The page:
Did the board do the right thing? What will this mean for OUSD?
The Oakland school board is expected to vote tonight on a proposal to close five elementary schools and to merge others. I’ll be updating this periodically throughout the night.
Want to watch it live? Go here. – Katy
11:05: The five elementary schools will close. The board voted 5-2 to approve the resolution. “You will pay the price!” someone just yelled.
10:55: Alice Spearman says, “Superintendent, I just can’t go with it. It’s not in me.”
“But the fact remains, we do have to close some schools.”
10:10: The board secretary just called 44 (or maybe it was 34) more speaker cards. The crowd has thinned out. Most of the children are gone by now. It’s past their bedtime!
9:15: The following exchange will give you a sense of the tone of the meeting and the kinds of exchanges happening between the board (mostly, Jody London, the board president) and the audience:
A public speaker starts talking.
London: “Please introduce yourself.”
Man: “I am a citizen. Quiet now.” (laughter)
Citizen: “I’m putting you guys on notice right now. What your vote is is going to decide your future.”
8:25: The Oakland teachers union officers read a statement opposing the closures: “We call on the district to abandon their plan and work with the many teachers, students and community leaders who have come to the past few board meetings with creative ideas for keeping their schools open.”
8:10: Public comment has begun. Little boy from Lazear Elementary: “I really love the school. It’s like the best thing that ever happened to me.”
8:00: Noel Gallo draws his third standing ovation as he questions the ability and/or willingness of district staff to do what they say they’re going to do.
Gary Yee stands up and yells into the mic to Gallo: “You’ve been here for 19 years. What have you done about it?”
7:55: It sounded like David Montes de Oca said that children entering grades 1 to 5 in 2012 would be placed in their top-choice schools before other students in OUSD enter the Options process. Jody London asked how the transition of displaced students would affect the current options priorities, and I think that was his response. I need to follow up and clarify. (He talks really fast!) Continue Reading
The number 101 (as in “101 schools for 38,000 kids”) has a catchy ring to it, but how accurate is OUSD’s school closure talking point?
Board member Noel Gallo raised the issue last night, saying he’s seen totals in the mid-90s. A parent just asked about it too, wanting to get the number right for an editorial. It’s not a figure you can round very easily.
A school enrollment spreadsheet I requested from the district lists a total of 99 schools, and that includes Youth Empowerment, a small high school on the King Estates campus that closed in June. (Technically, it’s classified as a proposed merger, but I doubt many students who attended YES would define it that way.)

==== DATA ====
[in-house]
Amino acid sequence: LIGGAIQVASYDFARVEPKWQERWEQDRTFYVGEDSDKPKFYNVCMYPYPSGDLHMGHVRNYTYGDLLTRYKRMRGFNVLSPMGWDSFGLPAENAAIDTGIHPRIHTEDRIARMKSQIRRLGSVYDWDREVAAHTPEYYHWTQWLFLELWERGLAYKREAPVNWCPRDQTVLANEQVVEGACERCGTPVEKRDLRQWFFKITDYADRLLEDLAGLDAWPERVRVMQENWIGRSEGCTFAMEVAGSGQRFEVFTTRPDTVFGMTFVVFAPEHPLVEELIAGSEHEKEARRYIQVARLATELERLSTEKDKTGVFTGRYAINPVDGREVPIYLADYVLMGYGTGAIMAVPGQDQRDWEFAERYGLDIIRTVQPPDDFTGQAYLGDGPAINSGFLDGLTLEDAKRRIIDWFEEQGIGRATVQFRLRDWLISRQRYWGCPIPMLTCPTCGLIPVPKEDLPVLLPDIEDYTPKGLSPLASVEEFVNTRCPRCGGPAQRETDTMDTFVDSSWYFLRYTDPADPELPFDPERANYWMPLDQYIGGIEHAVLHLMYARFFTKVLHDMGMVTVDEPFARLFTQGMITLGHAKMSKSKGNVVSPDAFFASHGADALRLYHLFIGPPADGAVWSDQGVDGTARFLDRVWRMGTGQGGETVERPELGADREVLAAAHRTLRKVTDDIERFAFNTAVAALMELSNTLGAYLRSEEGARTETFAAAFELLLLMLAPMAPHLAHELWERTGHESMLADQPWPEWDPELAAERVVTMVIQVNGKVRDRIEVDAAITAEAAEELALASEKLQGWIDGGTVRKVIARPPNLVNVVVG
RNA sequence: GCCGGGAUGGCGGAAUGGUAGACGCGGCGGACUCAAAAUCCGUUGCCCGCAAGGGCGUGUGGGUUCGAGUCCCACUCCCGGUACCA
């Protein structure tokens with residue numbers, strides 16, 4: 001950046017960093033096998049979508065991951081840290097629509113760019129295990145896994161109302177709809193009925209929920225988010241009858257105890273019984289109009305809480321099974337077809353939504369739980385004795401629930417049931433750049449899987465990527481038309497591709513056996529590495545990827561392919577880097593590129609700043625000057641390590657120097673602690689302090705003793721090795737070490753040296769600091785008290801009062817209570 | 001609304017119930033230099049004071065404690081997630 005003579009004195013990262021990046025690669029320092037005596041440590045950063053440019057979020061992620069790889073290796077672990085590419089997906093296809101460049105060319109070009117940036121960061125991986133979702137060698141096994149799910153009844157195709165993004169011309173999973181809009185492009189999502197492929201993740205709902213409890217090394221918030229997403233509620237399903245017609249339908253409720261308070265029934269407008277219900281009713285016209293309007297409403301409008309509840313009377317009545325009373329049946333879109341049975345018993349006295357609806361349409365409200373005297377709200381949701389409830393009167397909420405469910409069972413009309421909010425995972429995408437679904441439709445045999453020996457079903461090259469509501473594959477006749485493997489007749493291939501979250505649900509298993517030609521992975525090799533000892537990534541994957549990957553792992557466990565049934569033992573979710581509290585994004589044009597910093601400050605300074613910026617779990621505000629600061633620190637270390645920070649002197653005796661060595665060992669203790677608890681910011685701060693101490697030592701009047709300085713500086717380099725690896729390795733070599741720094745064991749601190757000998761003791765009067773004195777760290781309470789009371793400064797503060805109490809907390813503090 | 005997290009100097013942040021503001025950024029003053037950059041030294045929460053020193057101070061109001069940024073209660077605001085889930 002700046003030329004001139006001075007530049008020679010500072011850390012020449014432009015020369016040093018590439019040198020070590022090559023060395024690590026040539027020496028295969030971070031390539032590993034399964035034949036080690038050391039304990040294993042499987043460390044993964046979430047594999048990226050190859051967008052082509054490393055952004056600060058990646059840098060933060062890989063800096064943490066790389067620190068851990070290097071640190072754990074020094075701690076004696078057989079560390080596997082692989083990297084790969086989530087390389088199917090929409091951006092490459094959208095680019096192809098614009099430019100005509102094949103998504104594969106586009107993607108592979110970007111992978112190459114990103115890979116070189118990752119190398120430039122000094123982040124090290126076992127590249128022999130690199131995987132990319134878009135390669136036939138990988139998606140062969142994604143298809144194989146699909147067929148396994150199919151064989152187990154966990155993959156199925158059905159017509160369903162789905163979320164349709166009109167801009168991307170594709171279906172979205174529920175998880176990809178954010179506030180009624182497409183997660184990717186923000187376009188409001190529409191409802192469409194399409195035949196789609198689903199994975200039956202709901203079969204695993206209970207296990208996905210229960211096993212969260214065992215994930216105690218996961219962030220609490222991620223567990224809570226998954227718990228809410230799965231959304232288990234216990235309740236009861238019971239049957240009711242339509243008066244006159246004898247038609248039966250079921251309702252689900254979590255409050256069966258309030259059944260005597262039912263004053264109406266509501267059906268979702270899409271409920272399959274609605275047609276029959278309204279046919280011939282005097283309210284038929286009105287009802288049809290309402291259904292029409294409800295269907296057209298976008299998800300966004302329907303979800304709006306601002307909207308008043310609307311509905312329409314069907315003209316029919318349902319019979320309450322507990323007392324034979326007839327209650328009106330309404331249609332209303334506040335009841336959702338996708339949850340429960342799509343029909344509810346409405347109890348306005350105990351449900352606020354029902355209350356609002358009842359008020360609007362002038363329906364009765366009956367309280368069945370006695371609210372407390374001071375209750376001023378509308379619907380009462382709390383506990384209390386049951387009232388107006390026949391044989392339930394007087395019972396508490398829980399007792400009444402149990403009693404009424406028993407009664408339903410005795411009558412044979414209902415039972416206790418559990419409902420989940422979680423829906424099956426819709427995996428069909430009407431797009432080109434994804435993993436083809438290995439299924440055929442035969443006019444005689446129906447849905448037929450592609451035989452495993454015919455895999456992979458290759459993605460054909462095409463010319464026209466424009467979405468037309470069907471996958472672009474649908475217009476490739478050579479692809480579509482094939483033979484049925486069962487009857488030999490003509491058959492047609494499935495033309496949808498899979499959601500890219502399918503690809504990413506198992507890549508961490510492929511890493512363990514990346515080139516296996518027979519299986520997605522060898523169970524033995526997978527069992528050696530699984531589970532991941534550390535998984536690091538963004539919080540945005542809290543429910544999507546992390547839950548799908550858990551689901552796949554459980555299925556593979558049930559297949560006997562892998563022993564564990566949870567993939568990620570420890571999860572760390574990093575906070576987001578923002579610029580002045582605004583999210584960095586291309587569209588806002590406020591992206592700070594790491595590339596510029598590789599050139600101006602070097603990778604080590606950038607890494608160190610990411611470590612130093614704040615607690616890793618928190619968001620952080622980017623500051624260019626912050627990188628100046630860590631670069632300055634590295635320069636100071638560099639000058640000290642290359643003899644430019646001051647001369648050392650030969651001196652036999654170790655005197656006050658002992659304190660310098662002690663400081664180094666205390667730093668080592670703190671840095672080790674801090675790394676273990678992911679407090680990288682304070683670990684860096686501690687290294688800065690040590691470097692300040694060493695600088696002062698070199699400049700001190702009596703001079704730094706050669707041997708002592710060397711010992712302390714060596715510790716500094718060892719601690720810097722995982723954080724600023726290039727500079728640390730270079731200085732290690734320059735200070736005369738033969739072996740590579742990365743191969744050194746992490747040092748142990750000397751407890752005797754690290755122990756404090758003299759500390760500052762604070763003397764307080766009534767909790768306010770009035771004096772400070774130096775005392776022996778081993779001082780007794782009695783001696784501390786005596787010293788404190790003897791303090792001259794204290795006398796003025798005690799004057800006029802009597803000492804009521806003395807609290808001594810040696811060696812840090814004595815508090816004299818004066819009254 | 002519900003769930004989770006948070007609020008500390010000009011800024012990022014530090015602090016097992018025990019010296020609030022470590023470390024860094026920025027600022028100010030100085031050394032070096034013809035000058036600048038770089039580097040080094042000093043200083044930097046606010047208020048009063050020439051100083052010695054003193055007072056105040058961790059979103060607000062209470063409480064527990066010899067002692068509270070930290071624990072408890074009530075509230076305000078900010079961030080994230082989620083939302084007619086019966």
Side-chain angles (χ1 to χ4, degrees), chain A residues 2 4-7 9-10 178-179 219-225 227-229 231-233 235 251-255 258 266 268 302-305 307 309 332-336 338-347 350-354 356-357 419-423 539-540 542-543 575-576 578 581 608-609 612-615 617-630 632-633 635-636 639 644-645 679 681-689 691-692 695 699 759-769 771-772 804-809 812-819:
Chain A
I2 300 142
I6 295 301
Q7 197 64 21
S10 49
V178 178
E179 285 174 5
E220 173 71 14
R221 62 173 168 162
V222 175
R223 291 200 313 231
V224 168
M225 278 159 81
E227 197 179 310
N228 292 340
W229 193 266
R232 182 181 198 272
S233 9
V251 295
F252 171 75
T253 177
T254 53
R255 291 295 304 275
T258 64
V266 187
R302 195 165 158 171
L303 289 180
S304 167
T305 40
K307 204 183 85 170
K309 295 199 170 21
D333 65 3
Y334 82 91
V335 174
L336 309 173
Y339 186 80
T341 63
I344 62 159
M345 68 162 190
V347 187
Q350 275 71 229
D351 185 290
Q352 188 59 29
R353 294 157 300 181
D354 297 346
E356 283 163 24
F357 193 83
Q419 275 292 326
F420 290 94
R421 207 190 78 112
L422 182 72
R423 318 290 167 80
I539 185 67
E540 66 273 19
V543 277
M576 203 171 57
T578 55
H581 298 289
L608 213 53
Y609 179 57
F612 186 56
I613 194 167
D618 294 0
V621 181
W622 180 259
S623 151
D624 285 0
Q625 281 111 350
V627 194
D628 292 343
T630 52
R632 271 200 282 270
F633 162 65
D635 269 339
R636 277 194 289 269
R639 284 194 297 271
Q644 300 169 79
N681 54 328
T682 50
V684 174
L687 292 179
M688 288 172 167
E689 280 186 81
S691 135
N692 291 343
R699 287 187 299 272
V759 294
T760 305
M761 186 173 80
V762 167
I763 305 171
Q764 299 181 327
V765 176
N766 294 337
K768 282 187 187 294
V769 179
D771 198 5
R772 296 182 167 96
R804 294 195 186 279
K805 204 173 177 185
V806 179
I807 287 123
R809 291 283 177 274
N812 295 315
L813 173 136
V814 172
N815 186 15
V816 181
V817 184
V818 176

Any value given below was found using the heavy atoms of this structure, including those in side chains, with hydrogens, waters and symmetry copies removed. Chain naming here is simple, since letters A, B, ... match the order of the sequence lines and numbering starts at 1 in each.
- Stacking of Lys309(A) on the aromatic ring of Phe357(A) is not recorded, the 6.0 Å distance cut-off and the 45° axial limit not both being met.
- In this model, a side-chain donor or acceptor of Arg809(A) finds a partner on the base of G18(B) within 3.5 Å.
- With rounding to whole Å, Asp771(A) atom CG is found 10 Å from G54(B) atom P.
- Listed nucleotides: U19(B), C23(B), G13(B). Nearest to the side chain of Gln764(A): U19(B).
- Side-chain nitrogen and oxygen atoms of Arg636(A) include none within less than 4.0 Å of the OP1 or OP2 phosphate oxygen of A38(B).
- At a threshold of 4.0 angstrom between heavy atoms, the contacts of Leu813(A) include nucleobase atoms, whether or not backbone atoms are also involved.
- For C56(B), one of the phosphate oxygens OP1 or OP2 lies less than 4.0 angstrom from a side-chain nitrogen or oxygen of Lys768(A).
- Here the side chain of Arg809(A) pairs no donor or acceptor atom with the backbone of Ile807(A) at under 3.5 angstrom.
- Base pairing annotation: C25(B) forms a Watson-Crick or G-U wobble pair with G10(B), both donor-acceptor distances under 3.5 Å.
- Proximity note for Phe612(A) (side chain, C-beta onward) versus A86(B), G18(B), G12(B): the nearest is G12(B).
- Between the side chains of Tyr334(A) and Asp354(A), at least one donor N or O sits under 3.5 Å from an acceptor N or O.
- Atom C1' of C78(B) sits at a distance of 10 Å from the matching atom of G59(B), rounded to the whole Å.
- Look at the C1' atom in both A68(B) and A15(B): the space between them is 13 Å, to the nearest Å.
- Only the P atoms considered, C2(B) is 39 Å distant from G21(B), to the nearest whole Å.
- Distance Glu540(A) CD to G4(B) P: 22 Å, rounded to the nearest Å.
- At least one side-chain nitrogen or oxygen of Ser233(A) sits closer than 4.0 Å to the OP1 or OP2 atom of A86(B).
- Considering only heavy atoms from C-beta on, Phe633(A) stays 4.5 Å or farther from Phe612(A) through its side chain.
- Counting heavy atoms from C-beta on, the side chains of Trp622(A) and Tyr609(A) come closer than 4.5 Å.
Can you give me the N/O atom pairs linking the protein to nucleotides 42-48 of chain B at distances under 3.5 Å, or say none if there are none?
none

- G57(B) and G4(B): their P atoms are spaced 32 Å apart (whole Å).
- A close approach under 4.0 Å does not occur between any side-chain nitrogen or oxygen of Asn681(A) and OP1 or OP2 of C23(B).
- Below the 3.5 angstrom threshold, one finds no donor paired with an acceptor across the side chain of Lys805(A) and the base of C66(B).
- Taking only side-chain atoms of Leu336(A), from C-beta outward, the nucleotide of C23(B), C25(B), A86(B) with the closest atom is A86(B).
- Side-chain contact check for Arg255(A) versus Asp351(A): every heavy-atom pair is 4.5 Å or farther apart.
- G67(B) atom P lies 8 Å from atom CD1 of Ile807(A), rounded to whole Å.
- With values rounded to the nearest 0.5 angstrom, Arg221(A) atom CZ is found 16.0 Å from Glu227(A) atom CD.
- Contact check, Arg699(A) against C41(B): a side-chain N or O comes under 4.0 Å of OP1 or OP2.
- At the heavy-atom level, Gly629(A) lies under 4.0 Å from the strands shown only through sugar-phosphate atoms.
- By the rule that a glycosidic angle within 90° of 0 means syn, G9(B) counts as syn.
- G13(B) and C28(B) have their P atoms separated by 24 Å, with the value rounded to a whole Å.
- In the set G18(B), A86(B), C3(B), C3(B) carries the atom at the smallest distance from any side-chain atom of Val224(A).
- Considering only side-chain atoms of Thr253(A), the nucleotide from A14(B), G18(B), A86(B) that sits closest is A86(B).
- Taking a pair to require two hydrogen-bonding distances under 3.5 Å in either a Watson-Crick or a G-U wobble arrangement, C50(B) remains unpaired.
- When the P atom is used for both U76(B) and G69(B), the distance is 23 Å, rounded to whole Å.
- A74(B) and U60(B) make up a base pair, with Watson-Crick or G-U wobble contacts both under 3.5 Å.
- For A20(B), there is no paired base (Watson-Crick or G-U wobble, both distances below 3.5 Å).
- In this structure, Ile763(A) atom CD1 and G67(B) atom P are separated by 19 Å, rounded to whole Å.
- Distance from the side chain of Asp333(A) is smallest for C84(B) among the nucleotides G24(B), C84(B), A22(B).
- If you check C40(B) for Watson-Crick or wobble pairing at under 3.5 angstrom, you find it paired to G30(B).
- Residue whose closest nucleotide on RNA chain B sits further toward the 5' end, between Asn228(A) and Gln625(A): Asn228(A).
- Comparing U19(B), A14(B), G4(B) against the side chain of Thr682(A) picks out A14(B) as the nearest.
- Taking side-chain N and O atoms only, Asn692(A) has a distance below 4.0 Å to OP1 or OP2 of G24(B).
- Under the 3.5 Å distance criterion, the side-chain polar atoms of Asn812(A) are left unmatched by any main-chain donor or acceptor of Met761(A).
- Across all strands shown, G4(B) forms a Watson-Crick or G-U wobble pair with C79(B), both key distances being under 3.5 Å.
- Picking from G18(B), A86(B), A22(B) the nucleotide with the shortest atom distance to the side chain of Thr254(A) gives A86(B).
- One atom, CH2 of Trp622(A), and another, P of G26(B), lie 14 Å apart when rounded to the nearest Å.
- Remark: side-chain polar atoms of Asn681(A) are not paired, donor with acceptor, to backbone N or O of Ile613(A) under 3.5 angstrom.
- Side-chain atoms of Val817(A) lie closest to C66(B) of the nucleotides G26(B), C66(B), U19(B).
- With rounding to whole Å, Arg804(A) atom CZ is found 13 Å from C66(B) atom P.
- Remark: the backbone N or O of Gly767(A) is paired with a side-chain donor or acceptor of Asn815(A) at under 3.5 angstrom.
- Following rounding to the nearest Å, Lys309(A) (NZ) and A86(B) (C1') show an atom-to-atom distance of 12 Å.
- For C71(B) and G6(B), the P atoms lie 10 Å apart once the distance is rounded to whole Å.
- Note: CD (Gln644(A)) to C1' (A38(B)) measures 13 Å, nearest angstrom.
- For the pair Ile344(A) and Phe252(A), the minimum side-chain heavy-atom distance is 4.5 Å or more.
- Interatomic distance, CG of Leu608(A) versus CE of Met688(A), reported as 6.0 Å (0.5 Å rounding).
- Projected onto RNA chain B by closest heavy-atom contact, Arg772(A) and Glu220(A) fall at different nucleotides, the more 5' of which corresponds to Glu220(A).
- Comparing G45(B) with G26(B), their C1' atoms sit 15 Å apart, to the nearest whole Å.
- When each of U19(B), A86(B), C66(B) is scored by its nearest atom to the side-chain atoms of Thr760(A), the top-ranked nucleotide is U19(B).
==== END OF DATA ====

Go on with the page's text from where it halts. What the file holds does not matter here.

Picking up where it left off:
Maybe the disputed figure actually supports the argument that OUSD has more schools than it can manage — no one seems to be quite sure exactly how many that is!
The families at East Oakland’s Lazear Elementary School have come to a decision, says parent leader Olga Galaviz Gonzalez: If the Oakland school board votes to close it next year, as Superintendent Tony Smith has recommended, they will try to reopen it as a public, independently-run charter school.
“We’ve been working on it,” Gonzalez said about the charter school petition.
Lazear’s school board representative, Noel Gallo, says he opposes the closure and that he is no longer interested in selling the property. He says that if the board votes to close the school on Oct. 26, he would support the charter petition.
I wrote about Lazear in the spring of 2010, when the parents went out on strike, unhappy with the principal and one teacher in particular. I revisited the school a year later — in April –and found a much happier, academically-focused place.
Now, Lazear is on a list of five elementary schools slated for closure, along with Lakeview, Marshall, Maxwell Park and Santa Fe. Its state test scores, though lower than neighboring schools, rose 27 points to 714.
“That school has turned around, and now we want to close it,” Gallo said.
The number of students attending Oakland’s district-run public schools shrank by about 30 percent between 2000 and 2010 — a trend that’s partly explained by a decline in the number of children living in the city and partly by the explosion of independently-run, state-funded charter schools during that time.
Despite that striking statistic, the district has even more schools today than it did back then.
If you don’t count the already-closed Youth Empowerment School (which somehow ended up on the list of schools to be phased out next year), there are still 100 schools in OUSD — about 15 more than there were in 2000. As education blogger John Fensterwald pointed out to me, that amounts to an average of 640 students per school in 2000, compared to an average of about 380 per school today.
With numbers like that, you might think this is the first time OUSD has considered reducing the number of neighborhood schools it operates. Not so. Oakland Unified shuttered about a dozen during the 2000s — and that’s not counting the ones that were closed and reopened as a school improvement strategy, or the new schools were shut down soon after they opened.
Most of these schools closed their doors before I started covering OUSD, but not all: Burbank, Carter, Cole, Foster, Golden Gate, John Swett, King Estates, Longfellow, Lowell, Merritt Middle College, Sherman, and Toler Heights. (Am I missing any? Not sure how to classify Cole or Lowell, as West Oakland Middle School opened on the Lowell campus as Cole was closing, but years after Lowell closed. And Hawthorne Elementary was a charter conversion. ) Continue Reading